The U.S. Department of Justice announced two settlements with pharmaceutical companies yesterday for a total of more than $100 million in penalties under the False Claims Act and the Food, Drug and Cosmetic Act. The announcements came two days after the department reached a $520 million settlement with AstraZeneca for similar violations involving unapproved uses of drugs.
In one settlement, two Johnson & Johnson subsidiaries, Ortho-McNeil Pharmaceutical LLC and Ortho-McNeil-Janssen Pharmaceuticals Inc., will pay more than $81 million for the off-label promotion of the epilepsy drug Topamax, according to a DOJ statement.
The U.S. Food and Drug Administration approved the drug for the treatment of partial onset seizures. However, the manufacturers also allegedly promoted the drug for psychiatric uses.
Ortho-McNeil-Janssen Pharmaceutical's promotion of the drug caused false claims to be submitted to government health care programs. The company will pay more than $75 million to settle civil allegations under the False Claims Act.
It will also enter into a corporate integrity agreement with the Department of Health and Human Services to ensure the alleged violations aren’t repeated.
Ortho-McNeil Pharmaceutical will pay more than $6 million in criminal fines for violating the Food, Drug and Cosmetic Act. The company allegedly marketed the sale of Topamax by hiring outside physicians to join sales representatives on sales calls and speak at events promoting the drug for off-label uses.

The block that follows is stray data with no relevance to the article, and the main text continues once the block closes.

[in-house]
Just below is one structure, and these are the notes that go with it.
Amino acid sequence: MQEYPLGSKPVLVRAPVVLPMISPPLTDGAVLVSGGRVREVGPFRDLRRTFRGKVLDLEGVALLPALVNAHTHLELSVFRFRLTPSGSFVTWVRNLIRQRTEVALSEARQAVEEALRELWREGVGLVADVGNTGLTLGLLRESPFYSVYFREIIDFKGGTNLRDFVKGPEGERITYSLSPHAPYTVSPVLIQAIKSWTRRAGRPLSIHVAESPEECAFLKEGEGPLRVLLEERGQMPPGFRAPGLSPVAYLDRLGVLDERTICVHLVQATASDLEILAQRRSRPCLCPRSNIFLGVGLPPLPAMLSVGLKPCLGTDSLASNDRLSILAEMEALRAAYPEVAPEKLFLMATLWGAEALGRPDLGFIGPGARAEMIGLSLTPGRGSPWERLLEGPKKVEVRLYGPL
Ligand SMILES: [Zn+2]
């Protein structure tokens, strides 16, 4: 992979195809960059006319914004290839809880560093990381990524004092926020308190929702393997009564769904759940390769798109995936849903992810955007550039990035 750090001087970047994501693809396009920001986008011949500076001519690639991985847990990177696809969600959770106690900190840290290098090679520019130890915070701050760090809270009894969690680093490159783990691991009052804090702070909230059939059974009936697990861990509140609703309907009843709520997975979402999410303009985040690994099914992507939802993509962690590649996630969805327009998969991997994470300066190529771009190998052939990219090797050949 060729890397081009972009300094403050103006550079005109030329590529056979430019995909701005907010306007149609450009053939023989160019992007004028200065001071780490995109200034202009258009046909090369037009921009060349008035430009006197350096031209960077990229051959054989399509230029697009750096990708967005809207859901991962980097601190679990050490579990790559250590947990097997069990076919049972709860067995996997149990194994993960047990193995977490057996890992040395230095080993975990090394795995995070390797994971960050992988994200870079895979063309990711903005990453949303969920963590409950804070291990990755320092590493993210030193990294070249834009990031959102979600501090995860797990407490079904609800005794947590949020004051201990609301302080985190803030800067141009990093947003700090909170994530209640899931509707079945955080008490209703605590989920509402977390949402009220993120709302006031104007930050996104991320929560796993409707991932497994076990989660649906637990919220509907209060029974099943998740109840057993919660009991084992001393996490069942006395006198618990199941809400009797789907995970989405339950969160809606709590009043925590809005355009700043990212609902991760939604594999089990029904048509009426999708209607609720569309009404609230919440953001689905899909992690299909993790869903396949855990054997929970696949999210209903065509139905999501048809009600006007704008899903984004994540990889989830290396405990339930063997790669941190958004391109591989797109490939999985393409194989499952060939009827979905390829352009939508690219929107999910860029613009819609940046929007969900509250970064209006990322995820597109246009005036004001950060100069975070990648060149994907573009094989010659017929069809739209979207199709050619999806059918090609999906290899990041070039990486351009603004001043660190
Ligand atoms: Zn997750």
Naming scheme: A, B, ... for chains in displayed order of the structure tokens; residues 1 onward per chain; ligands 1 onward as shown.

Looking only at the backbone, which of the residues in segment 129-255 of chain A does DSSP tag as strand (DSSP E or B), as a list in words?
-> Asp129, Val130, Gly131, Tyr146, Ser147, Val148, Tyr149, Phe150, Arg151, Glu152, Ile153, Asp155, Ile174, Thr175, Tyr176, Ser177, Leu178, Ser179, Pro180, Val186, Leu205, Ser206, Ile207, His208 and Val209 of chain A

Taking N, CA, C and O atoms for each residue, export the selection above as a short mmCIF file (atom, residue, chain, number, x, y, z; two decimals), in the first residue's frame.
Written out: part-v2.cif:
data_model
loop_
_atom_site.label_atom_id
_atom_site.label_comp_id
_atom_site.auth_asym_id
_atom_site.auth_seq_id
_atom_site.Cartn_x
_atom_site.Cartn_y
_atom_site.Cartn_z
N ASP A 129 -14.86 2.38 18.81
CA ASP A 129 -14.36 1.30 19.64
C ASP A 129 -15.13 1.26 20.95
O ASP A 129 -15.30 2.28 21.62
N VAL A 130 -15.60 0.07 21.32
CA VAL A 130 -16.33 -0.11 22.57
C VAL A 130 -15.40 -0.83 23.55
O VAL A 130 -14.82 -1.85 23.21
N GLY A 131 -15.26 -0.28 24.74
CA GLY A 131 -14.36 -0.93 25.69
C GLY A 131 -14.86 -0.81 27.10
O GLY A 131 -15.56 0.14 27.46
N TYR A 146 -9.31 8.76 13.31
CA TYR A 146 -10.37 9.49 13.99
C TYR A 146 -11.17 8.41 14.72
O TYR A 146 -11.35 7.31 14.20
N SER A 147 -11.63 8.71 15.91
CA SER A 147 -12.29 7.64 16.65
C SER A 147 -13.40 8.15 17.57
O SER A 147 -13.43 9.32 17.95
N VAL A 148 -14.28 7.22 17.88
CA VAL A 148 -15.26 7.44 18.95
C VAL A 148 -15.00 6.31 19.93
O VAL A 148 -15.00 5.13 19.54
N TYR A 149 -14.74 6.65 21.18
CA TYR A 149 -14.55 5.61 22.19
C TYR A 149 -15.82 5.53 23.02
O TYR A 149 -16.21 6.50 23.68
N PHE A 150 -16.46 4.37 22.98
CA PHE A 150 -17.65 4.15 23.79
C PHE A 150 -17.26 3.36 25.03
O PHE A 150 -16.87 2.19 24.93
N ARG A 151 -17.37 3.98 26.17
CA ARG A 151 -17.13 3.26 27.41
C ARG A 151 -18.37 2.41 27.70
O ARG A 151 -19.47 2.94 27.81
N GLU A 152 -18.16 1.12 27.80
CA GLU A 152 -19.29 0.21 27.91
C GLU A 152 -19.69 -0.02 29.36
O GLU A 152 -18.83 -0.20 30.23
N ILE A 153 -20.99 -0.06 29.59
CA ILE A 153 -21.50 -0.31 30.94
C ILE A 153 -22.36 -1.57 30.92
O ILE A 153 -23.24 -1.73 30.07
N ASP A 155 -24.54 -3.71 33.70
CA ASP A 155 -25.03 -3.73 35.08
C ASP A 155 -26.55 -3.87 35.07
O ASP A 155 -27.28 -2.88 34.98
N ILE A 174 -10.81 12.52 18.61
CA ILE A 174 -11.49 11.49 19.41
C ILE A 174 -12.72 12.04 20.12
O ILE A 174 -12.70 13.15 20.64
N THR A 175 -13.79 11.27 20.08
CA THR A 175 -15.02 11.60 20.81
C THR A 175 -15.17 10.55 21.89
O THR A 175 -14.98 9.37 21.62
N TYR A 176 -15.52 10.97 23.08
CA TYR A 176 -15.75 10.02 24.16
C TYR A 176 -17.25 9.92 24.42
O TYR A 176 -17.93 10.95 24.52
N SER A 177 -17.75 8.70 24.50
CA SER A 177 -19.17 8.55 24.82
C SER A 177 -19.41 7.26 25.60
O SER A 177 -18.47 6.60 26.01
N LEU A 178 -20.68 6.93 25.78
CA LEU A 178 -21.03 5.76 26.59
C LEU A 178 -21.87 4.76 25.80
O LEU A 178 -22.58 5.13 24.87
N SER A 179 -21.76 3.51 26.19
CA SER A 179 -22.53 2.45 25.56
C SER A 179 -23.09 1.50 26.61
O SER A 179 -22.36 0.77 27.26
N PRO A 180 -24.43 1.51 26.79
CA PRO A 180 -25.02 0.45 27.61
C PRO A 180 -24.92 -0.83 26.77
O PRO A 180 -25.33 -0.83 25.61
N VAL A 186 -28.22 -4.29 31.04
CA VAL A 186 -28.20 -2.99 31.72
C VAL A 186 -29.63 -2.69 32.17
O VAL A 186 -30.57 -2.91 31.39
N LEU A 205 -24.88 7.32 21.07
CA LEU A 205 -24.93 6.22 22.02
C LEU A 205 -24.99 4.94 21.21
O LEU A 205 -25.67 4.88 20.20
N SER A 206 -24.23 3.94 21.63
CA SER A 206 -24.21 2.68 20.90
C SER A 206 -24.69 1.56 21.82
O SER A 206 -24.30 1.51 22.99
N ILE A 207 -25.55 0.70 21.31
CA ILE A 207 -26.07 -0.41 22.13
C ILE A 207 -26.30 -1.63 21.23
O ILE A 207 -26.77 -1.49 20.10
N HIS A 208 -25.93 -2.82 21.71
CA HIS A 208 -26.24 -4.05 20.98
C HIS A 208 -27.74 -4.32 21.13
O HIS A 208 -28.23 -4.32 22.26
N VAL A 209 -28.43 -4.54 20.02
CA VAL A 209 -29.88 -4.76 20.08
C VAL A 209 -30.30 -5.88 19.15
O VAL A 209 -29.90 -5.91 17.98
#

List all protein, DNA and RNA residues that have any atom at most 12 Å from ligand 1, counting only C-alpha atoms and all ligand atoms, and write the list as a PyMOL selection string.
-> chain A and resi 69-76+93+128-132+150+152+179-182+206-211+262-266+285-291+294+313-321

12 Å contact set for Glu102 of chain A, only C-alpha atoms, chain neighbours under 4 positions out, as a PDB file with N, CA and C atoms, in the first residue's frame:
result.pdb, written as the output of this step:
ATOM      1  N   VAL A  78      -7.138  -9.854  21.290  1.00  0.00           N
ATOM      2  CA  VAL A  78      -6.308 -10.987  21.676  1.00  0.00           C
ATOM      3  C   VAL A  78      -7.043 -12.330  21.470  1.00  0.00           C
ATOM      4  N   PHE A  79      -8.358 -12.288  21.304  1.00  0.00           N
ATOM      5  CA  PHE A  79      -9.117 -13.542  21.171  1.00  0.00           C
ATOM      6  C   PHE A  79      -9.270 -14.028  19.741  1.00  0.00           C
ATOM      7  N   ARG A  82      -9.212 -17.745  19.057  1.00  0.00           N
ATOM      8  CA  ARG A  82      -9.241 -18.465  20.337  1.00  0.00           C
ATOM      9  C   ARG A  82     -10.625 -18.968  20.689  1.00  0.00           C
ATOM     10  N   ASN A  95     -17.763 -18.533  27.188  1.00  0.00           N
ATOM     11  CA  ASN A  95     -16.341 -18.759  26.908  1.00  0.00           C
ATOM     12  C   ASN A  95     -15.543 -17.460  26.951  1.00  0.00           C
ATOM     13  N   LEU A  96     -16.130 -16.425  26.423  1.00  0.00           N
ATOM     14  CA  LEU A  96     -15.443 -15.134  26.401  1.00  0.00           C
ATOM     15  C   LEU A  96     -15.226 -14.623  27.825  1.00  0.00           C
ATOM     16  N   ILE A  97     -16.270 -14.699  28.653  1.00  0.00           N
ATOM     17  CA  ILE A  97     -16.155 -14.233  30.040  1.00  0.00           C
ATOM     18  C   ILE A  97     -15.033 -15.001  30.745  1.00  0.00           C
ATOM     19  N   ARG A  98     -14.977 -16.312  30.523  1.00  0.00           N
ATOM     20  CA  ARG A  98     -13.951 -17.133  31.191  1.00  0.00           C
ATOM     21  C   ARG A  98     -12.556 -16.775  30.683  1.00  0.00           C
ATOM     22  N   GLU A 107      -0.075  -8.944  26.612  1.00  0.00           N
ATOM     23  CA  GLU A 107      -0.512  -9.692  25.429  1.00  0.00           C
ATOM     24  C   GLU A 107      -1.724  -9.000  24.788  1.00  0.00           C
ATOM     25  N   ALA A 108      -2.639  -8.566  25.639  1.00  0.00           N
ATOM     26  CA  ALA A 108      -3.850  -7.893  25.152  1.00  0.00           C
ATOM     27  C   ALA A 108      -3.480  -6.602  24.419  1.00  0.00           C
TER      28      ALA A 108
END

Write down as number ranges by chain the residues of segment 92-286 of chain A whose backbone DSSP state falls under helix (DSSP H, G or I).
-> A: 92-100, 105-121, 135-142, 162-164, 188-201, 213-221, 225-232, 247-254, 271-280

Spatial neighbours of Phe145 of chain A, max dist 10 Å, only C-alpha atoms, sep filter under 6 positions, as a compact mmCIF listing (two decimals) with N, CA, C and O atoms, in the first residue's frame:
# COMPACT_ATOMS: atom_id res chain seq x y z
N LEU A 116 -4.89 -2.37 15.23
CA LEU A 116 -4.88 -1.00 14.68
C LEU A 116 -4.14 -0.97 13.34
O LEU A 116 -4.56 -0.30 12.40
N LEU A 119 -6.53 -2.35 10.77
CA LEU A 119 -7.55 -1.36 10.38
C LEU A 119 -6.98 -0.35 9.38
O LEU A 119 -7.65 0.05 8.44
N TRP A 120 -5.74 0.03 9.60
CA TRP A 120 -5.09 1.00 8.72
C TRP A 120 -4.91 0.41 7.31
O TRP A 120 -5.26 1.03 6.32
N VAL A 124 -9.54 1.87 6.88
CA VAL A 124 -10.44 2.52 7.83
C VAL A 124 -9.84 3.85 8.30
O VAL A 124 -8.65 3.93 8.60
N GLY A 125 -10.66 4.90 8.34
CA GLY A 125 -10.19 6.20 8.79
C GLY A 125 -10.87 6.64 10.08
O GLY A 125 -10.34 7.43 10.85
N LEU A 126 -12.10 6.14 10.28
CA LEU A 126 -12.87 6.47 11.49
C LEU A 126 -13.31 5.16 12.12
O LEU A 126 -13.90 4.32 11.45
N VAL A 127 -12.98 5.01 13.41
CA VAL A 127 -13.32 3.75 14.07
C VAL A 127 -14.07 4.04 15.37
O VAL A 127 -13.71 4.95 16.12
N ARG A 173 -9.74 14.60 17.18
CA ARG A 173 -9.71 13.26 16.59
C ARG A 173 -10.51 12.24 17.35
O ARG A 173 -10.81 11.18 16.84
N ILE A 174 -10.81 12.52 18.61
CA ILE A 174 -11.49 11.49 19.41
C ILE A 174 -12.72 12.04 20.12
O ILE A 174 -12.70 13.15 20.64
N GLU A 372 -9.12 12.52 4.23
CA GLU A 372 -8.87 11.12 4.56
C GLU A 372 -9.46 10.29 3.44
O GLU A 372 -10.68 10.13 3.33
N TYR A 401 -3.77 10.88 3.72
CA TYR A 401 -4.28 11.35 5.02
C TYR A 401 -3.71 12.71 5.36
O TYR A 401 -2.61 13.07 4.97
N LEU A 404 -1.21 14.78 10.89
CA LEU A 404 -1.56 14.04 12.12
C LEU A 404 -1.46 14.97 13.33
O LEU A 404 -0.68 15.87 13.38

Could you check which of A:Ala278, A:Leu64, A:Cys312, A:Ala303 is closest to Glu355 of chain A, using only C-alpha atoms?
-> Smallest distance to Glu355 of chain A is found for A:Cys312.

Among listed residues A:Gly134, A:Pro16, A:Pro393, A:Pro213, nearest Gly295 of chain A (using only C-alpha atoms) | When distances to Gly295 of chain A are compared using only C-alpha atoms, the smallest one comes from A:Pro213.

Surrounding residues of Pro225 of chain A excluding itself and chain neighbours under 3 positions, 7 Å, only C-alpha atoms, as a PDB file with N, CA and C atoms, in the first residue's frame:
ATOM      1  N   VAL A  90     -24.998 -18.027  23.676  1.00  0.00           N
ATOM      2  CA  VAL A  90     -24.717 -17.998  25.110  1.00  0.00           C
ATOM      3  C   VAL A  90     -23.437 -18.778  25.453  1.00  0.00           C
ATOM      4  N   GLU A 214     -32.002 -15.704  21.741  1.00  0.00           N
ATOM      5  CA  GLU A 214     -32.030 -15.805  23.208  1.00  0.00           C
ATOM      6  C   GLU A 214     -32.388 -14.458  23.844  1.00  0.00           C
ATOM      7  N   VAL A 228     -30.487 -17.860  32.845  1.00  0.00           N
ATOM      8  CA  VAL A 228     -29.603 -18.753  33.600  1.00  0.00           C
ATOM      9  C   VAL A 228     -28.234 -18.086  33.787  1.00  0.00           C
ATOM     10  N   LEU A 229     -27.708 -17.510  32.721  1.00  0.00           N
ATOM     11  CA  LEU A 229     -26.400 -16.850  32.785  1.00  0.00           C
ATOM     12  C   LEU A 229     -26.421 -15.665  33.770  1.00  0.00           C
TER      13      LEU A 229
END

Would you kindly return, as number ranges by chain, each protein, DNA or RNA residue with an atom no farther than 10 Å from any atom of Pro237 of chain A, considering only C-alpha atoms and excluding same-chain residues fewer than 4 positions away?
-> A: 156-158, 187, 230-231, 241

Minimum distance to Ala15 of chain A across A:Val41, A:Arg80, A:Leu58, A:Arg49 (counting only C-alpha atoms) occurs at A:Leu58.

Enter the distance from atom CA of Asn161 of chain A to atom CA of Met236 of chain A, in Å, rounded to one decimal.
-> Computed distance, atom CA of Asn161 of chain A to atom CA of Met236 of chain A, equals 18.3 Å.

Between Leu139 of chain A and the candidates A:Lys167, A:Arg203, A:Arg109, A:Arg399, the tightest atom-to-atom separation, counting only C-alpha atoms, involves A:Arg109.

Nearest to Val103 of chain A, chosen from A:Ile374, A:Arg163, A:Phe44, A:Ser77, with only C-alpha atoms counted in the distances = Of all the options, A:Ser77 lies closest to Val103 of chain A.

In the other settlement, Schwarz Pharma Inc., a subsidiary of Belgium-based UCB S.A., will pay $22 million for violations of the False Claims Act regarding the drugs Deponit and Hyoscyamine Sulfate Extended Release. The company allegedly failed to tell the Centers for Medicare and Medicaid Services that the two products, neither of which were approved by the FDA, did not qualify for coverage under federal health care programs.
Deponit is a skin patch used to prevent angina. Hyoscyamine Sulfate Extended Release treats various stomach, intestinal and urinary tract disorders. Neither product is now on the market, according to the DOJ statement.
Both cases began as whistleblower lawsuits filed under the False Claims Act.